4 Whole-Body Healing Techniques for Lasting Addiction Recovery
The opioid epidemic is just one of several forms of drug addiction that are impacting families across the country. These days, nearly everyone knows someone who struggles with addiction. But not everyone really understands what it takes to overcome addiction – for good.
While it’s obvious that an addicted person needs to stop using the addictive substance, what’s less obvious is that getting rid of the substance is just the beginning of addiction recovery.
In order to stay sober in the long term, it’s important to replace old habits and addictions with new, healthy habits. You’ve probably experienced this in your own life; if someone says you can’t have your favorite cookie, it takes a lot of willpower to resist, and there’s a good chance you’ll eventually give in and eat the cookie. But if you’re given an equally delicious, healthy snack as an alternative, then the cookie becomes easier to ignore.
Effective addiction treatment doesn’t just get people off drugs; it heals the whole person: mind, body and spirit. It addresses the root cause of addiction – whatever stress, trauma or unhappiness led the person to addiction in the first place. It also teaches healthy lifestyle habits and coping mechanisms, and gives recovering addicts a chance to practice these new skills and habits before they return home.
Continue reading to learn about some of the healthy, non-medication tools and habits that we’ve used to help our clients achieve long-term addiction recovery at Elevate Addiction Services for more than 20 years.
Holistic Pain Management
For people going through detox, as well as those who are already sober and need to manage chronic pain, it’s important to have alternatives to opioid pain medications, which are highly addictive.
There are a variety of alternative types of pain medication and homeopathic healing techniques that can be used instead, including:
- Topical pain relievers
- Physical therapy
- Massage therapy
- Ice and heat
- Mindfulness and meditation
- Acupressure and acupuncture
Exercise and Outdoor Activities
Exercise isn’t simply good for your body; it’s also good for your mental health and provides a healthy habit to use in place of addiction.
The benefits of exercise in recovery include:
- Stress relief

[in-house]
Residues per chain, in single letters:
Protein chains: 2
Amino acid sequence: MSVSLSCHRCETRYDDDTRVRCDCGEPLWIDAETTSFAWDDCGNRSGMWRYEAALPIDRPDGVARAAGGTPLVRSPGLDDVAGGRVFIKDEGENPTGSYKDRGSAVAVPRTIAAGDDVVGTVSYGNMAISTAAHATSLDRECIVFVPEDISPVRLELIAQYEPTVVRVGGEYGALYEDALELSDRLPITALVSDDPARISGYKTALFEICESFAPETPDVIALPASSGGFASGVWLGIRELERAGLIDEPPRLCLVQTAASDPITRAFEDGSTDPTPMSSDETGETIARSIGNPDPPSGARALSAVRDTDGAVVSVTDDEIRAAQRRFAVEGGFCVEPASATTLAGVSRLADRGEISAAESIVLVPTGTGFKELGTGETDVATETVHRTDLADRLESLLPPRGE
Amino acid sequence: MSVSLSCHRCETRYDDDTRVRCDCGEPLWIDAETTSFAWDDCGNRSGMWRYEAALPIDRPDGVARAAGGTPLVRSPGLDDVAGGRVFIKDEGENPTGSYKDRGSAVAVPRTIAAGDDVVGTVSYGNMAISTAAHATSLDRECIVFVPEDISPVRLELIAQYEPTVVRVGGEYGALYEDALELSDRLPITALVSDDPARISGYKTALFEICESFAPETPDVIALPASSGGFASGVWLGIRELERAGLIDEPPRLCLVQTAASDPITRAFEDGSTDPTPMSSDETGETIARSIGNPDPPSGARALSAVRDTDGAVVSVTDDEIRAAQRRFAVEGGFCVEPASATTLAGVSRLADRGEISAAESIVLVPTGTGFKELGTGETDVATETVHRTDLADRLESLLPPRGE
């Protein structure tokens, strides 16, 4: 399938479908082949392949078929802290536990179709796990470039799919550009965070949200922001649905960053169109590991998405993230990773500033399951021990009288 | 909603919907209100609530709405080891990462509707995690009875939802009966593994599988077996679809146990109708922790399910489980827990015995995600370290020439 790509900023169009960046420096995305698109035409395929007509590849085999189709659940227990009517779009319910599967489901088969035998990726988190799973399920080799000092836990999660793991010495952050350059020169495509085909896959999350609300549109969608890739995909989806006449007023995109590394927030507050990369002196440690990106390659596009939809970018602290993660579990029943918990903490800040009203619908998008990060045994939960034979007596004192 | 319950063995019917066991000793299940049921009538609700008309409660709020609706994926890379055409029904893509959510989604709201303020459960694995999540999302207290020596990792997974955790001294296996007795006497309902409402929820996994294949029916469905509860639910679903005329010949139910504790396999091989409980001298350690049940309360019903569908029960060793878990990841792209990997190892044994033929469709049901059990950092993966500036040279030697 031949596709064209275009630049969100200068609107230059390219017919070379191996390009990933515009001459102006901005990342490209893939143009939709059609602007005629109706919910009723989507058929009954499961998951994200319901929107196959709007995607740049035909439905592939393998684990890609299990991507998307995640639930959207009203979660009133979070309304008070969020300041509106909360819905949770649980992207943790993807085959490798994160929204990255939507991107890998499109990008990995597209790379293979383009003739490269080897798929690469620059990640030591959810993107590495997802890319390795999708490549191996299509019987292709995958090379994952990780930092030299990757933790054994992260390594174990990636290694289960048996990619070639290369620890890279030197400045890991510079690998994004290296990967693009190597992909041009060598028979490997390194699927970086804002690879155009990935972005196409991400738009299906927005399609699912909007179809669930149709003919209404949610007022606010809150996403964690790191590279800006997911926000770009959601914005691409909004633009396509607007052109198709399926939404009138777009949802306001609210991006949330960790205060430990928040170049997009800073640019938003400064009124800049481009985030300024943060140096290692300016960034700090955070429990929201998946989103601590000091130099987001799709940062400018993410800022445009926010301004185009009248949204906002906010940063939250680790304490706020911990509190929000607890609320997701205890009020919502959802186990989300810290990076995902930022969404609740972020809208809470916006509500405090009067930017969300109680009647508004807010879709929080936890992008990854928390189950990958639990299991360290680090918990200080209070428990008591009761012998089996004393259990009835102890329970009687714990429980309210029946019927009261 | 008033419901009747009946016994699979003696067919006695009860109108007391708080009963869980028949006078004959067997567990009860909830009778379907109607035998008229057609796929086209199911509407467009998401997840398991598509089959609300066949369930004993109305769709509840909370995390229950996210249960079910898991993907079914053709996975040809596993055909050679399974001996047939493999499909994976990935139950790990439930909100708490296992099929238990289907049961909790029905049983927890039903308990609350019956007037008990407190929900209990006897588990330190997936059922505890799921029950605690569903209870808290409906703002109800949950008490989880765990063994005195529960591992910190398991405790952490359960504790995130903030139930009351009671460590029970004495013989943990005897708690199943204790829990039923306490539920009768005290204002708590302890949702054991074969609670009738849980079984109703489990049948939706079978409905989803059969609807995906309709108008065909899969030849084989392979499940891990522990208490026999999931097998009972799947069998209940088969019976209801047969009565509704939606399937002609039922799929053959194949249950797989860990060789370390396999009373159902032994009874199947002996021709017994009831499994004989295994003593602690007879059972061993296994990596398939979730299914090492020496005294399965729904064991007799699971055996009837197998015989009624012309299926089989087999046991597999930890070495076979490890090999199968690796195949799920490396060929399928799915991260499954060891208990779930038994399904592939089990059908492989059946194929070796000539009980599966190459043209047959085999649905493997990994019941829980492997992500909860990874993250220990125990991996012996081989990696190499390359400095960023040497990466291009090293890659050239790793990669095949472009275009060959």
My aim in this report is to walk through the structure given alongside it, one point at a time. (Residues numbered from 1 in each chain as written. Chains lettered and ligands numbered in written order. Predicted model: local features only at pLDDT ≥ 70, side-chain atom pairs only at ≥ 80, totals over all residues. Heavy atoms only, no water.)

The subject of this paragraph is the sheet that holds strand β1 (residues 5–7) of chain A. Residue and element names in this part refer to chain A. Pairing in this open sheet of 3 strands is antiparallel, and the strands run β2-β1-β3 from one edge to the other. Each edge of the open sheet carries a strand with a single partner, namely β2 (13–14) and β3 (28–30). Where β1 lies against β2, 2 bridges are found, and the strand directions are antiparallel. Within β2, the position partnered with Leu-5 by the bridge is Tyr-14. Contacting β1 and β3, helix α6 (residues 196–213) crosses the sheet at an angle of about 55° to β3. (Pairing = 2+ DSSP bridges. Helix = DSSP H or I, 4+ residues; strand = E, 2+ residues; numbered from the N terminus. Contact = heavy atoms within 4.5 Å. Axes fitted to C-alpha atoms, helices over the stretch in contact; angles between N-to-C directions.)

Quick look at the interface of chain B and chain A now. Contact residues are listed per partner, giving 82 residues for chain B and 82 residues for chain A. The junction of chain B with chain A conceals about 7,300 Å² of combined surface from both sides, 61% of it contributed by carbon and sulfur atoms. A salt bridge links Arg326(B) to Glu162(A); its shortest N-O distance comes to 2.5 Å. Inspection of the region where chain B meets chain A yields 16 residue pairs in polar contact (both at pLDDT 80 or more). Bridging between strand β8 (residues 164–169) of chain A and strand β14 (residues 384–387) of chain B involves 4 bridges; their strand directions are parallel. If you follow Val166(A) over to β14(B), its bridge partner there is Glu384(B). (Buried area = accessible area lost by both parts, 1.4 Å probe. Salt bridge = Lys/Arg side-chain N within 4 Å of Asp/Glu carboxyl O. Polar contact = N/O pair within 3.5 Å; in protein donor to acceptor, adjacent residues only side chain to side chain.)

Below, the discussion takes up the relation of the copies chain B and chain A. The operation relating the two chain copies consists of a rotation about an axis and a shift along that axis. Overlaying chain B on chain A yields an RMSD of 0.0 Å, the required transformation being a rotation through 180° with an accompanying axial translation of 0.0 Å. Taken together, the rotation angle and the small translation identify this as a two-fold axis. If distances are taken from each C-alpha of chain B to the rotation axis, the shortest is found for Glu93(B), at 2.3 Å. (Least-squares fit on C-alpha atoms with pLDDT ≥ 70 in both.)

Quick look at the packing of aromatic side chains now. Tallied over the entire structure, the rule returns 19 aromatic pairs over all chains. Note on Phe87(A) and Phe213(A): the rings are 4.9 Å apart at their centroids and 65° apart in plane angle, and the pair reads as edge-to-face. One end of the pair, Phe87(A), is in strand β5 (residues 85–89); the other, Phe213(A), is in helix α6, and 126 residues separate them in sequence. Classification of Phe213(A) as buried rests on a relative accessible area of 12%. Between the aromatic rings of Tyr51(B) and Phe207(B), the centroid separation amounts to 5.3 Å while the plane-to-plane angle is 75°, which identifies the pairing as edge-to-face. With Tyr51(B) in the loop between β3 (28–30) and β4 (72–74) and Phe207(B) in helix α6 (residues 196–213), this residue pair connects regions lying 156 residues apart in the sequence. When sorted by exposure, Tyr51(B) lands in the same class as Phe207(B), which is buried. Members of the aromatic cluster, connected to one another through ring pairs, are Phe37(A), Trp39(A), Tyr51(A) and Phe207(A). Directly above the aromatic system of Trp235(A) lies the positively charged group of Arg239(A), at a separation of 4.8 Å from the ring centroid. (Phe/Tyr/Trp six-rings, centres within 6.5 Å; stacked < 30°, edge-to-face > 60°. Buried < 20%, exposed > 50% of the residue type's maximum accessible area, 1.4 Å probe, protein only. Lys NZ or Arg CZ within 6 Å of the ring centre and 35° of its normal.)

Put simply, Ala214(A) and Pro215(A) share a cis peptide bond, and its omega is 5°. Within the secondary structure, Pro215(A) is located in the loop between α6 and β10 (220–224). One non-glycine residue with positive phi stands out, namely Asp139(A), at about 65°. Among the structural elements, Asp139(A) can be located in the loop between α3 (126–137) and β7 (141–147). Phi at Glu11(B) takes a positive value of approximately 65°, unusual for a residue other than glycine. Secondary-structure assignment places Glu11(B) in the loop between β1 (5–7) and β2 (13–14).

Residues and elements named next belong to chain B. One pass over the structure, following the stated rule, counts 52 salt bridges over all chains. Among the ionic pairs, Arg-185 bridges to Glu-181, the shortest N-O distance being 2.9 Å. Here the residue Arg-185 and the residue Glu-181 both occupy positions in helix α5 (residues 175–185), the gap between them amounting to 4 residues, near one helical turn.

- Natural endorphin booster
- A way to keep busy when cravings hit
- An active form of meditation
- Better body, better self-image
CrossFit, in particular, provides a whole-body fitness regimen that is highly supportive for those in recovery.
Other excellent forms of physical activity in recovery include:
- Recreational sports (volleyball, basketball, etc.)
- Walking and running
- Swimming and rowing
- Weight lifting
Meditation and Mindfulness
Letting go of worries and fears and taking time to relax into the present moment is powerfully healing.
Making meditation a daily habit is a preventative form a mental health, because it lays a foundation of emotional well-being and self-awareness that helps people better handle whatever life throws their way.
Mindfulness can also be used in moments of stress or temptation so the person can stay calm and make wise decisions.
Some of the scientifically proven benefits of meditation include:
- Reduces stress and anxiety
- Improves self-image
- Boosts cognition
- Reduces fatigue
- Improves self-control
- Increases immune function
- Reduces pain
- Boosts mood
- Improves concentration and memory
Aromatherapy is the practice of using essential oils – plant extracts with healing properties. Science is now unlocking the secrets of plant-based healing methods, many of which have been used by healers throughout the world for thousands of years.
Essential oils are often used in addiction recovery to ease withdrawal symptoms during detox, and to support mood and physical healing during the long-term recovery process, such as during meditation. Many people use aromatherapy for general wellness, not just for addiction recovery.
How to Achieve Lasting Addiction Recovery
The majority of addiction programs are 30 days, but in most cases this is barely enough time to detox, leaving little time for the other essential goal of addiction treatment: addressing the underlying causes of addiction and teaching new, healthy habits.
Studies have shown that both addiction recovery and the formation of new habits are much more likely to stick after 90 days than with a shorter duration.
So if you or a loved one needs addiction treatment, be sure to look for a recovery center that offers a holistic, long-term program that helps instill healthy new habits after the detox period concludes – and one that will provide support in creating an improved life, not just a sober one.